5. Elaine, I join the others in thanking you for sharing your thoughts and your wishes with us. You have helped many remember that the most important things we can give our spouse, our family and our friends are the little things…thank you and I wish you, Brian and your families peace.

    Anne

  6. Tom Barr says:

    Just so beautiful. Being human is such a joyful conflict of ideas and the reality of our biology. Thank you, thank you, thank you.

  7. Mike Moratz says:

    Thanks for your courage in sharing a very intimate look at your life.

  8. Renee says:

    This was a lovely piece Elaine. I do hope that you have more time than you believe that you will, and that every minute is as you wish it to be.

  9. Jim Nathan says:

    Courage, Love, Life, Family, Truth, Wisdom, Reality, Friendship, and, of course, Ice Cream … are all succinctly shared and passed on through this insightful and brave message. Thank you Elaine and Brian. You are BOTH special. Peace and prayers, Jim Nathan

  10. Pingback: Truth at the End of Life | Loss, Grief, Transitions and Relationship Support

  11. Betsy singer says:

    Elaine . I don’t even know you but I’ve. Known and loved Brian for about 45 years . I am watching my wonderful father lose all dignity with dementia, paranoia, hallucinations, fear of everything but especially fear of dying. Every minute if every day is spent worrying about something or going to an endless stream of doctors who can do nothing for him except take his Medicare payment, prescribe more medicine, and make follow up appointments for no real reason and stop living in anticipation of death. The sadness of losing a loved one is profound but it sounds like you have all the bases covered and your family will be supported by each other . And you are right on about humor . My mom told my sister today that she is going to let my dad start driving again but only within a four block radius of their house. There is not one thing of interest within four blocks of their house except other houses and the reality is she is tired of driving him everywhere every day to useless medical appointments and so forth. My sister had a great response to the four block radius scenario. She said well at least when you kill someone it may be someone you know. As far as your kids I have two handsome available sons ages 29 and 25 if you have daughters. Kind regards and love to you all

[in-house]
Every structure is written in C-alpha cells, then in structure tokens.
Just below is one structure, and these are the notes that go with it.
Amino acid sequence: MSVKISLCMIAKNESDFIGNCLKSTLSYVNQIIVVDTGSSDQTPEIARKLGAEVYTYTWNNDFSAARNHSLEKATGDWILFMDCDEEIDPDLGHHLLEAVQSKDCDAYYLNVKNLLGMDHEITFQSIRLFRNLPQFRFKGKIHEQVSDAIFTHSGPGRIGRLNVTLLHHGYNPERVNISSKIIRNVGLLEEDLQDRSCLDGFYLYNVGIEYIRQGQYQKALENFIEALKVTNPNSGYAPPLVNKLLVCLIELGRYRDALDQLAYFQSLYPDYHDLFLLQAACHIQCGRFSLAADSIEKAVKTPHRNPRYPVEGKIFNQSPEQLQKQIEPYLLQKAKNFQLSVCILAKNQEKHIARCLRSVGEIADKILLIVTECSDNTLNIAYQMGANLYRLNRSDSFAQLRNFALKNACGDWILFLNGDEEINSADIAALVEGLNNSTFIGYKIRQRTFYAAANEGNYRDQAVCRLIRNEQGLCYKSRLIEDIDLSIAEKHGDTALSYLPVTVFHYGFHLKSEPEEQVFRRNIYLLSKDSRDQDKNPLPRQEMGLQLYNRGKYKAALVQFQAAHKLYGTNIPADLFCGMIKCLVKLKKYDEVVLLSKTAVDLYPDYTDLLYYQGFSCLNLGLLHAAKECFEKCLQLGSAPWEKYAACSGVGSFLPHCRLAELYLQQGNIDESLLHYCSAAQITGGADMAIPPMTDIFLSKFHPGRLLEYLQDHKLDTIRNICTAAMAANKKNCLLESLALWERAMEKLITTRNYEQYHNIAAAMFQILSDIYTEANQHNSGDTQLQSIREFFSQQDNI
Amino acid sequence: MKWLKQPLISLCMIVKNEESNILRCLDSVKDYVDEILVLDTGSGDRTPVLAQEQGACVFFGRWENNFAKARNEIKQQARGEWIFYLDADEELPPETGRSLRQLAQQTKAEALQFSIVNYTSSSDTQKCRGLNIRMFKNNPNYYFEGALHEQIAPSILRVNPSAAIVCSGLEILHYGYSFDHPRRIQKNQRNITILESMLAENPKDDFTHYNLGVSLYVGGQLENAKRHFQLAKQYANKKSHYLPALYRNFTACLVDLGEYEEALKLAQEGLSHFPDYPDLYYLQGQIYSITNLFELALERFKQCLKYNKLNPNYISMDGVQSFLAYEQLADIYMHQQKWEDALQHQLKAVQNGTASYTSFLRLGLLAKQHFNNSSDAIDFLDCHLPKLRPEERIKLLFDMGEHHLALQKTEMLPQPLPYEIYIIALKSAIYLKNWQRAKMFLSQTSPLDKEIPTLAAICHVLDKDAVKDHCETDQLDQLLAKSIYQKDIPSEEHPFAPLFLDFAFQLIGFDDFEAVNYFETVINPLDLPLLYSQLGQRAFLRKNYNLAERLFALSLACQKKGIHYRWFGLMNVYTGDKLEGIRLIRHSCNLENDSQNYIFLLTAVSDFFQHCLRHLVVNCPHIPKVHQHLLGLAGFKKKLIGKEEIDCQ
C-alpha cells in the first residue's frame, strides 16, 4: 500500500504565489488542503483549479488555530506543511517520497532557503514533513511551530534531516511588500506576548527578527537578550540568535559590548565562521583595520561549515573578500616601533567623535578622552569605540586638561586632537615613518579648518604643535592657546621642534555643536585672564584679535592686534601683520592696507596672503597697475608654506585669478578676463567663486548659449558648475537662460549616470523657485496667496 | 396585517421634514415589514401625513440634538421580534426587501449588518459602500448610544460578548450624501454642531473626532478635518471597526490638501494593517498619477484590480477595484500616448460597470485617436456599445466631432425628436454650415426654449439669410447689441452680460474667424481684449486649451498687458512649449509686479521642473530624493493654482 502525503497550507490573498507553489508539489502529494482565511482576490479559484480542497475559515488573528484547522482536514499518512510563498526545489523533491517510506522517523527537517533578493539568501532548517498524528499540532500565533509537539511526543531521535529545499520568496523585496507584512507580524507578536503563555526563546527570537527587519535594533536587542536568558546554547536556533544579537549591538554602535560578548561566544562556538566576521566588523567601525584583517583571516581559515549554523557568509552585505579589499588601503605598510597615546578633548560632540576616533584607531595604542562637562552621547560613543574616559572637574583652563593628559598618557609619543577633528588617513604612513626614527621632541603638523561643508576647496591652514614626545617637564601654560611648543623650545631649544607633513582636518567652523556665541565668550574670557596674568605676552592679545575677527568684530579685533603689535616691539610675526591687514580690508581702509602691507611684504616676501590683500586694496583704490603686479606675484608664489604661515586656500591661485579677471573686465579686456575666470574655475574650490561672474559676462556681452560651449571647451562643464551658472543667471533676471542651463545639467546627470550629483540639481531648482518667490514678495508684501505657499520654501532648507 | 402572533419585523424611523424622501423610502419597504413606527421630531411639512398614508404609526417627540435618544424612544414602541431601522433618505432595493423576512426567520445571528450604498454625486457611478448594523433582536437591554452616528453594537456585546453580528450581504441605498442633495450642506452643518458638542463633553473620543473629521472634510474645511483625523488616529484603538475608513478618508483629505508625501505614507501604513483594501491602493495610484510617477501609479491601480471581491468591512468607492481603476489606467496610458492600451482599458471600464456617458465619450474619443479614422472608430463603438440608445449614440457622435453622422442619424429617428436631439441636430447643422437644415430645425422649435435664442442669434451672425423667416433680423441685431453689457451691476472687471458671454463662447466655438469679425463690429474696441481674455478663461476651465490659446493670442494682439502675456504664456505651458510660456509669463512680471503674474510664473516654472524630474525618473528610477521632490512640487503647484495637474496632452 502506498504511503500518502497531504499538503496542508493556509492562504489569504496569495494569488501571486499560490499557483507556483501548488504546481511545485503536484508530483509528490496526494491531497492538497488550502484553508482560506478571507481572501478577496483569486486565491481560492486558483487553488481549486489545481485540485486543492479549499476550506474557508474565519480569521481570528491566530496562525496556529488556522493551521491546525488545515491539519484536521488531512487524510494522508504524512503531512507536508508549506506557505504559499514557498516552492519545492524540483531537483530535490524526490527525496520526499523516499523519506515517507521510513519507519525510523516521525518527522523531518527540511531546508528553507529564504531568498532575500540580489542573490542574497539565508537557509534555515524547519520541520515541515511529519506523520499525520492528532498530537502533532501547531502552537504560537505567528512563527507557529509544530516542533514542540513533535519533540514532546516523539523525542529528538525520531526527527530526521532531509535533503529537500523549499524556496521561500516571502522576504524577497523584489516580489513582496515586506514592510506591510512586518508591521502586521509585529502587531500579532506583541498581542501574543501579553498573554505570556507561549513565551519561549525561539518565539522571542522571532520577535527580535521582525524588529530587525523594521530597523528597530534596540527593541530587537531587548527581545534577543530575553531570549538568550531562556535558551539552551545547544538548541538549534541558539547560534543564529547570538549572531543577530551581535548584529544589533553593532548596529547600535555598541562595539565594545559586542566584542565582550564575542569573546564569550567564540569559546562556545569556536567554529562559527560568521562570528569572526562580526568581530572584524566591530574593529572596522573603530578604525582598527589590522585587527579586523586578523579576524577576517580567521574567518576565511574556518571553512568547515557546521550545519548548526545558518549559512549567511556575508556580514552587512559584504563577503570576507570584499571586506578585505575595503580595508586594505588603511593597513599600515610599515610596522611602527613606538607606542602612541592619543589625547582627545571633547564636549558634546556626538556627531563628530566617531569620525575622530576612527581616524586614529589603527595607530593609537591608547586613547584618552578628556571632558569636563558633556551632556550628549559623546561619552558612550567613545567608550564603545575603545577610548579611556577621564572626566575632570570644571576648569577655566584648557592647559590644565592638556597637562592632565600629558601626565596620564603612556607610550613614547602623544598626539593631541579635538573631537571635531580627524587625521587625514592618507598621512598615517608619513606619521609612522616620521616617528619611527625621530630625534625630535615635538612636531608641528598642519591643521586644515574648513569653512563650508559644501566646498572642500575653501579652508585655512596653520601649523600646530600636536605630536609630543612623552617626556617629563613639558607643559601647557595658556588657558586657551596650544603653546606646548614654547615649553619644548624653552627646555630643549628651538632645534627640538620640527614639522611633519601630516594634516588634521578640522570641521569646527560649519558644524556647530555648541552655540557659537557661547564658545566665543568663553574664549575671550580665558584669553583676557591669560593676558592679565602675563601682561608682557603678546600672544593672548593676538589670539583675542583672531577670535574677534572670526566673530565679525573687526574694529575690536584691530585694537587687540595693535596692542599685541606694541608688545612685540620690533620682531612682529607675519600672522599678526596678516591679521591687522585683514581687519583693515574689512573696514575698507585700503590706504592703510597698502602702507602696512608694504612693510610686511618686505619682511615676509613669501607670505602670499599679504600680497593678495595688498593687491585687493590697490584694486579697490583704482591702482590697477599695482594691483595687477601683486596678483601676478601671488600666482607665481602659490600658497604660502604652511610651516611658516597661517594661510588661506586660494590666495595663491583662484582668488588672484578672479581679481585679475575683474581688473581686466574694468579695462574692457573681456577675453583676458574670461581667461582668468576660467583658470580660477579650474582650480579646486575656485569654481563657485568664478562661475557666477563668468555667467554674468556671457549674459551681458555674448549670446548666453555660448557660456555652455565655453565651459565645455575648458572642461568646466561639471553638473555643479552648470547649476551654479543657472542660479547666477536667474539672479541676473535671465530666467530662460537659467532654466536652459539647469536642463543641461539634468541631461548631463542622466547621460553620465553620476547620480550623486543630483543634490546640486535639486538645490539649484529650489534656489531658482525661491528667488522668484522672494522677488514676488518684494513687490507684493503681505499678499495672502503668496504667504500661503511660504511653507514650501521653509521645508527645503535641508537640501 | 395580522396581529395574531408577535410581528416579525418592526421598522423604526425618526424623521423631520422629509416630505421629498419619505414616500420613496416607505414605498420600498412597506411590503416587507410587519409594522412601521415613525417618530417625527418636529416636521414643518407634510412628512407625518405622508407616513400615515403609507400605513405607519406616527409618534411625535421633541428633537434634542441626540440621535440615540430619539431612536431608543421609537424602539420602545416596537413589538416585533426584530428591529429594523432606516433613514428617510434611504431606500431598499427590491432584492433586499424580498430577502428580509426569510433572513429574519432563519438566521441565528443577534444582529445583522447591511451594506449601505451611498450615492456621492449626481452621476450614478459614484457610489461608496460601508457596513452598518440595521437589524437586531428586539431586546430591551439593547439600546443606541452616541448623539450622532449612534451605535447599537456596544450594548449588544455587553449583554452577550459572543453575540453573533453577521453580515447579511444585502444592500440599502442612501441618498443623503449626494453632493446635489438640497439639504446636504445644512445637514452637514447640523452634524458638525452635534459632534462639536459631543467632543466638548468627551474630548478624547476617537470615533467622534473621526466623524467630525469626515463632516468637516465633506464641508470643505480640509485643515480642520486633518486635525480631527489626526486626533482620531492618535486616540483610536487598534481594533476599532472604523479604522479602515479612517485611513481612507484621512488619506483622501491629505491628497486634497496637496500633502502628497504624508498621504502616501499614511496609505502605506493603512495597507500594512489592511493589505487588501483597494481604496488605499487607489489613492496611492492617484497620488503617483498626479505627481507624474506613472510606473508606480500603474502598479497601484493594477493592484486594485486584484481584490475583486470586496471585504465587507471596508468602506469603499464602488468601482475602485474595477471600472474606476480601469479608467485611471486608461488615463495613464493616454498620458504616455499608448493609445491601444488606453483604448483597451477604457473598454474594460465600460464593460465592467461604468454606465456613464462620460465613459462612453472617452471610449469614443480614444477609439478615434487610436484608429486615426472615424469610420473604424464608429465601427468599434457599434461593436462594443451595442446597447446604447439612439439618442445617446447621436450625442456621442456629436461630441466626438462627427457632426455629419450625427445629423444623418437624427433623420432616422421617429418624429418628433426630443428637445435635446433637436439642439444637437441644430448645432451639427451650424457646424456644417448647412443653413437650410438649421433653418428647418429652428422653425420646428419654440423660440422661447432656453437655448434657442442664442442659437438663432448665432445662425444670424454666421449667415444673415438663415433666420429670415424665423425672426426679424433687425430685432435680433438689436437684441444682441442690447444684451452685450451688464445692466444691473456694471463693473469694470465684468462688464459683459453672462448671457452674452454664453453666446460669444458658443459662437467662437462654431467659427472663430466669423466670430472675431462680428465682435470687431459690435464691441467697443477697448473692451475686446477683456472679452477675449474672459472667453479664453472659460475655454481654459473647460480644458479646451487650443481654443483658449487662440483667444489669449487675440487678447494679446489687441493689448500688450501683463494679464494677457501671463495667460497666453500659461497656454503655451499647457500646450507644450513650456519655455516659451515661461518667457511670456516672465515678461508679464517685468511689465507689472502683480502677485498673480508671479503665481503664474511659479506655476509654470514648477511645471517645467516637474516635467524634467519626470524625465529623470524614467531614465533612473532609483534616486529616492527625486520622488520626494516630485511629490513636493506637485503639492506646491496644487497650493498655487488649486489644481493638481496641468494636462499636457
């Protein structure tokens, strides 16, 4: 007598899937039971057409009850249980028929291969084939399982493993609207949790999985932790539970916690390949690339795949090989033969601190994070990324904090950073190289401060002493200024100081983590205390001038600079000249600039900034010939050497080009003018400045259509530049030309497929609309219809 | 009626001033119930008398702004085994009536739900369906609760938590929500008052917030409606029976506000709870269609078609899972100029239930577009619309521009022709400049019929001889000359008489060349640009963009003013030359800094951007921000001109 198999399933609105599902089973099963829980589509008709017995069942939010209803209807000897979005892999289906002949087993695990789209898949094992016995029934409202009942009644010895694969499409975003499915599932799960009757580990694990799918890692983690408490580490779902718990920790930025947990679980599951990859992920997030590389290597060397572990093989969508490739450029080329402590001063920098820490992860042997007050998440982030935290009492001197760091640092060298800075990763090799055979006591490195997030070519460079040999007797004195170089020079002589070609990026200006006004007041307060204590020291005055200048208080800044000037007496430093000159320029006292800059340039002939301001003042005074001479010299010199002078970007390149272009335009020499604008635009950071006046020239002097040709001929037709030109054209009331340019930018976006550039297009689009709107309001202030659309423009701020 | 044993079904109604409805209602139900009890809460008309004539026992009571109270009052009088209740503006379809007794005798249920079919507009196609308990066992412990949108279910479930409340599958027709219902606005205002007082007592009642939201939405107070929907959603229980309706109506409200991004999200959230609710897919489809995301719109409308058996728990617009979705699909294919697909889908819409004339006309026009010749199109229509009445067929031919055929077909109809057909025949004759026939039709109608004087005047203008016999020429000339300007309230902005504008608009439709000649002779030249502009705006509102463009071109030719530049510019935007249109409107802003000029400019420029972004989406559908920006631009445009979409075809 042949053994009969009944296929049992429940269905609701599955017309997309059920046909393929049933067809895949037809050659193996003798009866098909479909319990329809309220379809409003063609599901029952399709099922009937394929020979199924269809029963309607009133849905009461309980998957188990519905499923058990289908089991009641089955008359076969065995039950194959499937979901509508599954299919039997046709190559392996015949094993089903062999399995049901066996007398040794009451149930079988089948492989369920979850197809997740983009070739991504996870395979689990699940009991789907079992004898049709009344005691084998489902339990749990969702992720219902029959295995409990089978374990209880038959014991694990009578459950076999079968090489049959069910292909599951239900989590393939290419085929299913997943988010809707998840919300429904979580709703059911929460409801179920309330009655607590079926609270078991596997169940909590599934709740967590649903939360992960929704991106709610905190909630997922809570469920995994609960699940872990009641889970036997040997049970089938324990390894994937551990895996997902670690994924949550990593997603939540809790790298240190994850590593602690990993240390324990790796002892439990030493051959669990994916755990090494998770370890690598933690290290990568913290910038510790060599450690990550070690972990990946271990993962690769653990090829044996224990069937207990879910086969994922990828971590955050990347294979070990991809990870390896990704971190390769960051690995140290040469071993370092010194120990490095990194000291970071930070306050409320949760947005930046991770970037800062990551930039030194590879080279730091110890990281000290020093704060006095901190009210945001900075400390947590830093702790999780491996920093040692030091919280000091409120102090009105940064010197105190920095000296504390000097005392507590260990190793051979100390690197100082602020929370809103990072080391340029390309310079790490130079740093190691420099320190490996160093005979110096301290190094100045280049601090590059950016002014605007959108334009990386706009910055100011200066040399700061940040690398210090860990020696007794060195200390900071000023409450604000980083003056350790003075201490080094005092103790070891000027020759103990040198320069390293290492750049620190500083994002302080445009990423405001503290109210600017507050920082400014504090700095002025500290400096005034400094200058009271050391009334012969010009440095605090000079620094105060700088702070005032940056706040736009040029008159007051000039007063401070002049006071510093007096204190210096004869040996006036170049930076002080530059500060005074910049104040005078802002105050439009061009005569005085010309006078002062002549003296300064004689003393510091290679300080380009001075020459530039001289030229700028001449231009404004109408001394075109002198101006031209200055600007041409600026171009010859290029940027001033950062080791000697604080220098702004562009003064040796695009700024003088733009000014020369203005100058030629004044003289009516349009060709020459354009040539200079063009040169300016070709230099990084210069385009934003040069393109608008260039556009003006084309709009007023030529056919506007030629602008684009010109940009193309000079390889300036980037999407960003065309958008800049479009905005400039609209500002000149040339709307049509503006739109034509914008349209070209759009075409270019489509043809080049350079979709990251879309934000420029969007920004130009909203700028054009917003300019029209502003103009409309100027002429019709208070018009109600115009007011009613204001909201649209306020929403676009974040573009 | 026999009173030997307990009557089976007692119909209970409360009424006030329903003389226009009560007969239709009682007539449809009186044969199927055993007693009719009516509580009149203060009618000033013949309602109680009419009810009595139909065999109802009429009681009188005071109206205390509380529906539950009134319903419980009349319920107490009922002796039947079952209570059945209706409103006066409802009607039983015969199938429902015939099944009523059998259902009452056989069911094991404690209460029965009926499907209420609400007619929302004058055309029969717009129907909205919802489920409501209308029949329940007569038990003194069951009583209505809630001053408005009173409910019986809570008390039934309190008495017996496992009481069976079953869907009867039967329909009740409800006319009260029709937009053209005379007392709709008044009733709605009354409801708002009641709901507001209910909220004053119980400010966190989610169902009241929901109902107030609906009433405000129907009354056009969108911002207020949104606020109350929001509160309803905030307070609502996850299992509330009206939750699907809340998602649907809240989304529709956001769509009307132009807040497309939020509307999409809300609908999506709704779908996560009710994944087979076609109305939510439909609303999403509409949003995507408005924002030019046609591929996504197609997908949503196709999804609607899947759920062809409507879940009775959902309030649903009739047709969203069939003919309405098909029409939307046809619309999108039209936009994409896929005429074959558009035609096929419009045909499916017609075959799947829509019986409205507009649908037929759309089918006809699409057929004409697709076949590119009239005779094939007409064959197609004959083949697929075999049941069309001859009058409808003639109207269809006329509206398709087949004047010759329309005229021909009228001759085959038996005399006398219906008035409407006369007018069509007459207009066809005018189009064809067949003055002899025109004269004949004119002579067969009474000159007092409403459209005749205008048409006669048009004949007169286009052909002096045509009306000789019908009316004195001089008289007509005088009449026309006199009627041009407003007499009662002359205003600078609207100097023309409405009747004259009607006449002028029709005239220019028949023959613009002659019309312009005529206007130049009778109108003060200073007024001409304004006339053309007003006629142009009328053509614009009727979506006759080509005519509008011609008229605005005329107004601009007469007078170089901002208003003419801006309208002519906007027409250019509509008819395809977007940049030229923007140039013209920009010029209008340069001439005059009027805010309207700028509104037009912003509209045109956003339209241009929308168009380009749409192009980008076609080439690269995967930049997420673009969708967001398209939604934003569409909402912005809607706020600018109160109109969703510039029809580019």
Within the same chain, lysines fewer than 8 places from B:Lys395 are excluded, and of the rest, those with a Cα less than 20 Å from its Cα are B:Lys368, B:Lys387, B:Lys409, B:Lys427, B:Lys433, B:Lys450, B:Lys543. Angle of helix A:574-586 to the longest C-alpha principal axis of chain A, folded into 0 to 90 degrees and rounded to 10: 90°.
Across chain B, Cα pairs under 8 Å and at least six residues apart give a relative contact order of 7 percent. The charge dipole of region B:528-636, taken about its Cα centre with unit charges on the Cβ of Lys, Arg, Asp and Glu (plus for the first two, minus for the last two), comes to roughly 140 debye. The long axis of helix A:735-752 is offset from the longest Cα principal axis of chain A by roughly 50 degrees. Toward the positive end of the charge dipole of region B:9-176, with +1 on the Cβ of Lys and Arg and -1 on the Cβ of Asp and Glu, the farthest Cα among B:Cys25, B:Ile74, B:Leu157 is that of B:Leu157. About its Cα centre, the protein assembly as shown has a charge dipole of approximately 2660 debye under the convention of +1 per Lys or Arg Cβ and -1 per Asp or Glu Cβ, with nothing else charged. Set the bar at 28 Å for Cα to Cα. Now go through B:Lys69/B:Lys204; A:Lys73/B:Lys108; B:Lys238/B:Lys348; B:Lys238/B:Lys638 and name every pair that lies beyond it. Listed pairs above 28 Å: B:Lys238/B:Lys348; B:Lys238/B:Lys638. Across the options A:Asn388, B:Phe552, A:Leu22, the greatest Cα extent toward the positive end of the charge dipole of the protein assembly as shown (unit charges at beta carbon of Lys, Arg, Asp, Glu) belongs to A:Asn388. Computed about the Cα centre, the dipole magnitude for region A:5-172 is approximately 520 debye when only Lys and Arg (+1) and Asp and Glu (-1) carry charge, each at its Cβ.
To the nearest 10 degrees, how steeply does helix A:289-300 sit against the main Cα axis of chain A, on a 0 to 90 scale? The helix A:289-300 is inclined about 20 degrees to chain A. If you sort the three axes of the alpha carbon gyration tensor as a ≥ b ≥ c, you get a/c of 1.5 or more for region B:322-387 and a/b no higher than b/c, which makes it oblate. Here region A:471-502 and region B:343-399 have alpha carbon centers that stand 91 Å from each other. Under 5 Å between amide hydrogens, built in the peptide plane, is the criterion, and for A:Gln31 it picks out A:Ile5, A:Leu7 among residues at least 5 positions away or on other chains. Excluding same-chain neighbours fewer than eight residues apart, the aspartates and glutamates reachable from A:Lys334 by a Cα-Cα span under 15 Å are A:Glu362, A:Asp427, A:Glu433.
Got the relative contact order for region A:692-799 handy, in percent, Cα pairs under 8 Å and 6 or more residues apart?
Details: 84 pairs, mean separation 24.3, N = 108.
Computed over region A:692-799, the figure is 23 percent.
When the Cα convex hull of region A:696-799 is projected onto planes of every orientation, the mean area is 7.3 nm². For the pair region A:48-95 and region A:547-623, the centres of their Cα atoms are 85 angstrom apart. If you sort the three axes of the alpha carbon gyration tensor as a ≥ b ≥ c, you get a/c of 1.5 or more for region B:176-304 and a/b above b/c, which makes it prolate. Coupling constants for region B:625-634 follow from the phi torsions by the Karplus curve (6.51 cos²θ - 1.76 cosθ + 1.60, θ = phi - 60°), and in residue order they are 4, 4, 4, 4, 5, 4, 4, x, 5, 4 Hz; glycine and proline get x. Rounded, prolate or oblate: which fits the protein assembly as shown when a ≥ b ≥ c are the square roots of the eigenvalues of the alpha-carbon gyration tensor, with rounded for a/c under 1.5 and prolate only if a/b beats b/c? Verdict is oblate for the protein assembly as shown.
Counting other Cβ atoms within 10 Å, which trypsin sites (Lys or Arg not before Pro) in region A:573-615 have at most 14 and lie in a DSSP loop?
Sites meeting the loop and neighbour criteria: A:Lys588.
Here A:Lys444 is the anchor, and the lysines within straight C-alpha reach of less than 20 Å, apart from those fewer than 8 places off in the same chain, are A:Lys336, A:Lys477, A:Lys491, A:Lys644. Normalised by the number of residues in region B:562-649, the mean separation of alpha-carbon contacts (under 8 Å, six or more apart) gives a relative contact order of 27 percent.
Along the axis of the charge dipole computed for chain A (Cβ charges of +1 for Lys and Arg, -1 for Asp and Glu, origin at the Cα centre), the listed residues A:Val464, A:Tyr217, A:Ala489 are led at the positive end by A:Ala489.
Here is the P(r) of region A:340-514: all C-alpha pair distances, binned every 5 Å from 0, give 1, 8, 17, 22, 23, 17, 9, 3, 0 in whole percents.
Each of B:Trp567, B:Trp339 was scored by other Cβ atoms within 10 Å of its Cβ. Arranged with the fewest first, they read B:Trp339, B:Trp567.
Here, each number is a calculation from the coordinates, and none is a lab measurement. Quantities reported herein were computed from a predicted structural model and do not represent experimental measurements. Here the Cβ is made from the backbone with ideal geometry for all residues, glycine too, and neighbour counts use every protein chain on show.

12. Randy Parker says:

    Hi Elaine.

    We’ve never met yet we share a very special friend, Jimmy Parrish.

    It appears we also share a mutual respect for life and for love and for a meaningful and memorable existence. I wanted you to know your eloquence and elegance is inspirational to me. I have been deeply touched by your words.

    After 15+ years of an amazingly wonderful and God honoring marriage, seven years ago my wife and I were also hit by a life changing illness. Our struggle has been different than yours… yet it too has nearly destroyed something once so beautiful. Reading your words today reminded me of many of our cherished and important life events. Why is it life seems to shine brightest, when darkness falls?